'I put stickers on my car and on my cricket bat, saying Jesus is Lord'
Mark’s story | High voltage service
“To be honest, I’m pretty simple. I left school at 16 and I got an apprenticeship as an electrician with Prospect County Council [part of the Electricity Commission of NSW]. My dad was working there and I thought it’d work for me. It was a plan. I threw myself into it. There were 30 other apprentices and they were all into drugs, alcohol, and sex.”
“I thought, I’m going to stand up for my faith. I’d grown up in a Christian family and from early on, I had no doubt that Jesus was Lord. When I was younger, I’d accepted Jesus mostly as an insurance policy … but at 17, I understood grace. I prayed, ‘I’m yours, Jesus!’
“There’s a crazy thing in Australia. If you’re good at sport, you connect. I was good at sport, so the other apprentices respected me. They were happy for me to be passionate about Jesus. I shared Jesus all the time. He’s amazing, I said! I put stickers on my car and on my cricket bat, saying Jesus is Lord. I wanted everyone to find Jesus! People noticed and some of them came to faith.
“I loved sharing Jesus, but after a while, I thought I needed more time to do that. I was still enjoying work (making a lot of money, working shift work in high voltage operations, lots of adrenaline). But then after a while, I did some soul searching. I read Paul’s words in Philippians 3:8 – ‘What is more, I consider everything a loss because of the surpassing worth of knowing Christ Jesus my Lord, for whose sake I have lost all things. I consider them garbage that I may gain Christ.’
“That was my call to ministry. I started to see that God had given me all these capacities that I could use for him. Everything else was loss. In 1993, I resigned from my job at Prospect and told my boss I was going to Bible College. He said, ‘Could you please come back afterwards and be a chaplain?’ It was amazing. It was Prospect County Council … and they believed in me, and what I was doing in going to Bible College. They gave me a great redundancy package and I used it to pay our way through.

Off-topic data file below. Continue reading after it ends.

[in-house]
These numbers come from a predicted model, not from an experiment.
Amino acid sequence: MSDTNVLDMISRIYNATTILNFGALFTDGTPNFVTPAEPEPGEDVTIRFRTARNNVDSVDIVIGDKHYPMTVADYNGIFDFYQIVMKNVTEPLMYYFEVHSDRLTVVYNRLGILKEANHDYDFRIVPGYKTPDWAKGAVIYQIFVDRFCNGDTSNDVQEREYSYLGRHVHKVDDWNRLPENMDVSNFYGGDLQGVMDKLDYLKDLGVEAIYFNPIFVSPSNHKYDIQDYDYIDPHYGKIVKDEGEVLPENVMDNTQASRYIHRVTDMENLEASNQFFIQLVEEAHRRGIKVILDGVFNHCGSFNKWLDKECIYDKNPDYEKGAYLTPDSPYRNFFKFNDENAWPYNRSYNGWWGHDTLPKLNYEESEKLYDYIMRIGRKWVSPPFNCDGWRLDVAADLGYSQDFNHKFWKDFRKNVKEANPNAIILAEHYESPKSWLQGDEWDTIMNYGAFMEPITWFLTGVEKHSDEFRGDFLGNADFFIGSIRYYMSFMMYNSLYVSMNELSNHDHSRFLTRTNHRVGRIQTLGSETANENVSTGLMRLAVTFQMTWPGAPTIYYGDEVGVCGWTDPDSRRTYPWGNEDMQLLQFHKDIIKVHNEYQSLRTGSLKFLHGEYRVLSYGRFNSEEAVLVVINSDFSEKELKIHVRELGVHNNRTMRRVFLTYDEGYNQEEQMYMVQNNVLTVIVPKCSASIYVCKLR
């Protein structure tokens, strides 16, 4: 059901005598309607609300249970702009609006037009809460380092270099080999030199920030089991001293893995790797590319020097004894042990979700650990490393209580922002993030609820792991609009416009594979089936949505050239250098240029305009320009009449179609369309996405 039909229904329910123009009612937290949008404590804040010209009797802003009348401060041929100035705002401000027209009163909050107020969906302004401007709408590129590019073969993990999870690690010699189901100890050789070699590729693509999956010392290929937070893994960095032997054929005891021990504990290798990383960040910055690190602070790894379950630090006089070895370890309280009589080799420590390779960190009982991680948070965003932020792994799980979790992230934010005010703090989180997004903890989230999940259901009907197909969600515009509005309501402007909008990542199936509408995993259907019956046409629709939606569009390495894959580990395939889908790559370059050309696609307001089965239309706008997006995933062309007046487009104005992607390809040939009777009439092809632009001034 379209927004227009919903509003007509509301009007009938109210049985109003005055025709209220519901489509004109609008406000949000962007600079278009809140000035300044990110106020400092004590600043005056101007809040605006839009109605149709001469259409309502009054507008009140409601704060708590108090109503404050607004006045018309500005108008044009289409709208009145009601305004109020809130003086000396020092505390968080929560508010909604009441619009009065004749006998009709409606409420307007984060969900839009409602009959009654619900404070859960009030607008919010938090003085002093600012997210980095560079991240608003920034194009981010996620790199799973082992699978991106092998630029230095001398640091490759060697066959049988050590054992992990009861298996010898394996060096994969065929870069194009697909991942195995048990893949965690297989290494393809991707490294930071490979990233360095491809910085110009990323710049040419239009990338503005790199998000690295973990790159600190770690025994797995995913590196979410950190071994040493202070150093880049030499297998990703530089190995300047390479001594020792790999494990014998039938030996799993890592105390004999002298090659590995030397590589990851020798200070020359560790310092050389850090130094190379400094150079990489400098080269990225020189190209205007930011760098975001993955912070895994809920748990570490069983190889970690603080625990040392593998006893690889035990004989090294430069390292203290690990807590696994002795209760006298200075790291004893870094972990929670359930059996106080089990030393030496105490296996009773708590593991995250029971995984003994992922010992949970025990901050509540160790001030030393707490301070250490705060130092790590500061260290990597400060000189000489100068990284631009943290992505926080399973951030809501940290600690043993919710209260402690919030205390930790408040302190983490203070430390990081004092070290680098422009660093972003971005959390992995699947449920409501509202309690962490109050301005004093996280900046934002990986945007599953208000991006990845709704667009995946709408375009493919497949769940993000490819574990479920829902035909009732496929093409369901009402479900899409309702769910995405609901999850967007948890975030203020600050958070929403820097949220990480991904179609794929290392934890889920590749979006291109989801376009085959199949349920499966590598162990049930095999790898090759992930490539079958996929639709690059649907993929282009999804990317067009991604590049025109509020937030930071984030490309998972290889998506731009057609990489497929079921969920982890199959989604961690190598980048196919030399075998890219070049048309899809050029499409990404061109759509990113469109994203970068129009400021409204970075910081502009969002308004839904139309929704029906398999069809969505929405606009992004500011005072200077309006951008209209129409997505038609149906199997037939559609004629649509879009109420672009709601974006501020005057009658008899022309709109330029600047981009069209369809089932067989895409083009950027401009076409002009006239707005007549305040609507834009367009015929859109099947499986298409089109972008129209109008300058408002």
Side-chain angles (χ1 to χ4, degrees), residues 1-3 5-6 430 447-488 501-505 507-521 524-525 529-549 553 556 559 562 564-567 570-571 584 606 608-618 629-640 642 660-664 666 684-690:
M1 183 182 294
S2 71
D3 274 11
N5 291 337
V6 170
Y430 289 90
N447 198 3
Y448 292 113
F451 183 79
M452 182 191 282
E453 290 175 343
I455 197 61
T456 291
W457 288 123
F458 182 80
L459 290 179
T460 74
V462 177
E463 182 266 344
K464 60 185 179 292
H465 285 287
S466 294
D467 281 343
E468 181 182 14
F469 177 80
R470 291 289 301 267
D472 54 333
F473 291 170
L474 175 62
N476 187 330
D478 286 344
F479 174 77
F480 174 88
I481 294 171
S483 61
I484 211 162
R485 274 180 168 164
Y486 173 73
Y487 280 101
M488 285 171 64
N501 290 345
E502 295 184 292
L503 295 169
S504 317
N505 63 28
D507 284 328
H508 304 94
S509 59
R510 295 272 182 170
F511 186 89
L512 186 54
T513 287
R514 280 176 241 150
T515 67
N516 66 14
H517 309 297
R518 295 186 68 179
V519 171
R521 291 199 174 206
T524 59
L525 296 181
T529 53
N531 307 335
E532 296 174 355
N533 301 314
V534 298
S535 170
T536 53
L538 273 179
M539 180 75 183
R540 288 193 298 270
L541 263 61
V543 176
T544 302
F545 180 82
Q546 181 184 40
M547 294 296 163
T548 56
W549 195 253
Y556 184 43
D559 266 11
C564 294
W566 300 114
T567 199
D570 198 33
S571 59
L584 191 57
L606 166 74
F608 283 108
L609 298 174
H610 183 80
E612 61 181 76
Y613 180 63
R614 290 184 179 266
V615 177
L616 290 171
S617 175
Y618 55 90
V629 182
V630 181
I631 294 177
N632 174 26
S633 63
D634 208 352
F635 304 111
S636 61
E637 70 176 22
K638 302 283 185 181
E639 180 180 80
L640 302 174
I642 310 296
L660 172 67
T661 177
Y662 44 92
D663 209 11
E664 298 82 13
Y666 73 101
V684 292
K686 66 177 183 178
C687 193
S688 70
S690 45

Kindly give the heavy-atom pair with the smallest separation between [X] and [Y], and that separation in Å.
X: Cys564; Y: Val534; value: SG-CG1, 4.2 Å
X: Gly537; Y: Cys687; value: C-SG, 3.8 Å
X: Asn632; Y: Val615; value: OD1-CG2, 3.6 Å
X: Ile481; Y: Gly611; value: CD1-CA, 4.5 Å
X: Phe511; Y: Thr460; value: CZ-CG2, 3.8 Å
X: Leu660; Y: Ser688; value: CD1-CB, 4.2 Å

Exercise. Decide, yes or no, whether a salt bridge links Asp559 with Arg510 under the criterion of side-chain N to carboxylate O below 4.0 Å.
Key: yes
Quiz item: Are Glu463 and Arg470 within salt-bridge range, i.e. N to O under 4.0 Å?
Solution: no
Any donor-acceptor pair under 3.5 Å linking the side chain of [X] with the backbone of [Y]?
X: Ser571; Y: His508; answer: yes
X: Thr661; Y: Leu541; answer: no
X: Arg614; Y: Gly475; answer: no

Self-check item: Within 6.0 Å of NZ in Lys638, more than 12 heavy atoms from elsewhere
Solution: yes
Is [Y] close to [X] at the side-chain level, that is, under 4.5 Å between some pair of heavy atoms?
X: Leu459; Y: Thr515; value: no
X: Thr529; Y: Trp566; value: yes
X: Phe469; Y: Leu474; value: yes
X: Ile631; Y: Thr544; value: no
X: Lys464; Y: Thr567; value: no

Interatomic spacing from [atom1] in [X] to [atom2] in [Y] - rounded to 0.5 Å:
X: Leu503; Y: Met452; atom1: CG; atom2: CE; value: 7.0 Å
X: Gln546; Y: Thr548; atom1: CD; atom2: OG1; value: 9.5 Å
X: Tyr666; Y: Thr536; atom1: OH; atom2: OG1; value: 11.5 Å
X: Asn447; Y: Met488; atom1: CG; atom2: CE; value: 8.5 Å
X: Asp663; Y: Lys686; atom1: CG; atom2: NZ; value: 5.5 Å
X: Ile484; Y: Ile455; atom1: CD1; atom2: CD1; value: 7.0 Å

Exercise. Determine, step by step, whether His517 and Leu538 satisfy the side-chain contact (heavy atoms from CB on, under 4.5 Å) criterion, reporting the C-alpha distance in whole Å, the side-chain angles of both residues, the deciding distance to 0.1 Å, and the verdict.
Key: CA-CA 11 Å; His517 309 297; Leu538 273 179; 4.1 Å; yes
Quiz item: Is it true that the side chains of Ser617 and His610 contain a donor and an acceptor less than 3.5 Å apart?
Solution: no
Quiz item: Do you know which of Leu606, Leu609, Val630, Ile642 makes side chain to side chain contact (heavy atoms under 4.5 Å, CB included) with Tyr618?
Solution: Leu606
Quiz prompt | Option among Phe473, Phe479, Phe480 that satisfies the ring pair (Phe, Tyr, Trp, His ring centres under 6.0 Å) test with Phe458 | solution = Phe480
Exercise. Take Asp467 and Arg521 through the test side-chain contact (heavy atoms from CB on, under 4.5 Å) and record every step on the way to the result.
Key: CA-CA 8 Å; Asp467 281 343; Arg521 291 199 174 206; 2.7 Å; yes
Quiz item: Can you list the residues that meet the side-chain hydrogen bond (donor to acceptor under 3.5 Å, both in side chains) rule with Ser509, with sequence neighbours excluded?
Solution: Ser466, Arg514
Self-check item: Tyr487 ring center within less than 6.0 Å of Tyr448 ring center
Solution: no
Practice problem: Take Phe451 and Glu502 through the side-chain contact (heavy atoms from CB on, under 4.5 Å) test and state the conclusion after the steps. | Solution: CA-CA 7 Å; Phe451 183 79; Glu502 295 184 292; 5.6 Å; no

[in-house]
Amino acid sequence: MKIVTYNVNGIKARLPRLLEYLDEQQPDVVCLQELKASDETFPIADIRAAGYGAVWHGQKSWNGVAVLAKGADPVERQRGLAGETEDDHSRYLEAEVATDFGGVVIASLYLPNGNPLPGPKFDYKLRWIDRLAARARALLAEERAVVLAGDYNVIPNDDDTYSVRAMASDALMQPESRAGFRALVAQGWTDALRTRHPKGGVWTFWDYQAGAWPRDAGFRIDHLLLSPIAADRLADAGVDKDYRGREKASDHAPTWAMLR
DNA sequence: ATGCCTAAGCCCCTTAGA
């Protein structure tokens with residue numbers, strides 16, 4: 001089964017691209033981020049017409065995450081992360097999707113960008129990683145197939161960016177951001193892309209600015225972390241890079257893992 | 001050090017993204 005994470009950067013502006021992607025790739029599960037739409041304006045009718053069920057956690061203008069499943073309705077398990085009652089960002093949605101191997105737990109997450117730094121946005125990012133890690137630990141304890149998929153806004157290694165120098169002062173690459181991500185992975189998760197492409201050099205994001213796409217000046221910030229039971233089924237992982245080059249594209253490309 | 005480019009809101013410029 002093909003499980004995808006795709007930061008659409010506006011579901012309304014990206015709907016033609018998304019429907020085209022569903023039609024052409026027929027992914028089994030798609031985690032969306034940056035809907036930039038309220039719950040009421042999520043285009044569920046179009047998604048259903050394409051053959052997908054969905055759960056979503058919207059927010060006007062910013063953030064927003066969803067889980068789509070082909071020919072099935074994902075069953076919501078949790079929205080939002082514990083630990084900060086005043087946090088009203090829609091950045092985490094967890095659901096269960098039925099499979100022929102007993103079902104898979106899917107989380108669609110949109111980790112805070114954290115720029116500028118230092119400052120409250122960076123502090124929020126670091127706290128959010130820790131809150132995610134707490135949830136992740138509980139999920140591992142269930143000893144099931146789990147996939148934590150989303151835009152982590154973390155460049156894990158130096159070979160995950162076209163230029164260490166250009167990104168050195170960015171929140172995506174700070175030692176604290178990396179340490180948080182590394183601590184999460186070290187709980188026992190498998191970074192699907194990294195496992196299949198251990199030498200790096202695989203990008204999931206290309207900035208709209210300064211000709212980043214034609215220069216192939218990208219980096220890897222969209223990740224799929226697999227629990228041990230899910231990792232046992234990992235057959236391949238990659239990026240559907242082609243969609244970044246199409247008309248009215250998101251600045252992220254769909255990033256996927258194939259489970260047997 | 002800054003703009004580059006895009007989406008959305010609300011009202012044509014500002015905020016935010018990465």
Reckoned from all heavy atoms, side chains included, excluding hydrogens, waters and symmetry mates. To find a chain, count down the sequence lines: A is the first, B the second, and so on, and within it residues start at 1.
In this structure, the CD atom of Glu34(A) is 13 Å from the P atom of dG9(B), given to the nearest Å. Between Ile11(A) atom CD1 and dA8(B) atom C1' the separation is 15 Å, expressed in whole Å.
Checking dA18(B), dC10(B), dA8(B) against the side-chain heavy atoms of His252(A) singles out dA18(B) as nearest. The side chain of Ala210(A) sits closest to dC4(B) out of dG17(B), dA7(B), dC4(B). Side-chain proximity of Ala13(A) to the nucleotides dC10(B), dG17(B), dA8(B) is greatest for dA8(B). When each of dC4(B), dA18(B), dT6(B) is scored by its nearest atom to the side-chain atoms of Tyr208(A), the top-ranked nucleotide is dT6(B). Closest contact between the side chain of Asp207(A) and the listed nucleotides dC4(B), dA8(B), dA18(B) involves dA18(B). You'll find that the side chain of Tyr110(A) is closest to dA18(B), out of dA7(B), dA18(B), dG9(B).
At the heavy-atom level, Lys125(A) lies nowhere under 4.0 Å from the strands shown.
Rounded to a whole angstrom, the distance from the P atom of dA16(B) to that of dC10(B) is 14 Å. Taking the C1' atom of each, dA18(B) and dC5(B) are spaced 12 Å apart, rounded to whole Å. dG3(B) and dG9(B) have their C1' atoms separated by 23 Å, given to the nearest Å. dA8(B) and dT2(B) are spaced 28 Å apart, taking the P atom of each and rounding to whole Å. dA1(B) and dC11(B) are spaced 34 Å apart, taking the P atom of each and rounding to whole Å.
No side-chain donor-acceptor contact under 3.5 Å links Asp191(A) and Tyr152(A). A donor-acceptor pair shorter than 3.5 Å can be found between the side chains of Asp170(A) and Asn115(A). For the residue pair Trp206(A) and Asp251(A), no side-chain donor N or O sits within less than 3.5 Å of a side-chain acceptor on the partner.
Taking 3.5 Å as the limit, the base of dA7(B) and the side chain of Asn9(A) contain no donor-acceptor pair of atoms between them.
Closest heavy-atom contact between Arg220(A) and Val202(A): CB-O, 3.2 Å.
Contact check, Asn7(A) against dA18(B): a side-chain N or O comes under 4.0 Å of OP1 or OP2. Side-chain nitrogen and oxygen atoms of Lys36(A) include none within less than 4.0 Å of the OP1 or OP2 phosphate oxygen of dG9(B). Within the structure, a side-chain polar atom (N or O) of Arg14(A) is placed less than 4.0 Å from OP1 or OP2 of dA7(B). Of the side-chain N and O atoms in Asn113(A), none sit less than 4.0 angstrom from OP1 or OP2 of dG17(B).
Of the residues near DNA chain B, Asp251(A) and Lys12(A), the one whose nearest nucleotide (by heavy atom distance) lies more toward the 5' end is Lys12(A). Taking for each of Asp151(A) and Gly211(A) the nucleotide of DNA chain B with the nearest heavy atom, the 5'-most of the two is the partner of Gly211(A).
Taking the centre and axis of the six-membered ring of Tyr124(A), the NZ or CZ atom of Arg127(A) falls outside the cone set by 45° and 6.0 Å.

“Bible College was a different world – wordy, musical, artsy. I’m not like that, but I grabbed all the evangelism subjects … and during that time invested in the church we helped launch. I just kept telling people about Jesus. And people came to faith. I’d sit with atheists and listen to their arguments – that we live and die and we’re done. I’d say to them, ‘Do you like thinking like that? What do you do when you’re in trouble? Who do you turn to?’
“I think everyone knows underneath that there’s more to life than we can see. It’s in our gut. And God sent Jesus to show us that eternity matters. He fully gets us. But we don’t turn to Jesus as a moral code. He’s amazing! He’s got it all. He knows us better than we know ourselves.
“After some years in the church plant, quite a few of the other churches in Western Sydney began asking me to help them. What could we do? So a mate and I started Greater West for Christ. It’s a movement that merged business and the church. It’s a way to help the local churches connect with their community. It can be messy, but it’s good. We’ve added chaplaincy and funerals and childcare and coaching. But even in all that great ministry (which is wonderful), I have to say that it’s just ‘stuff’ compared to knowing Jesus.
“Even now, nobody ever calls me Pastor Mark. I’m just Mark, the electrician from Western Sydney, who didn’t finish high school and who loves Jesus. My favourite line in a song is from that old hymn. ‘My richest gain I count but loss and pour contempt on all my pride.’”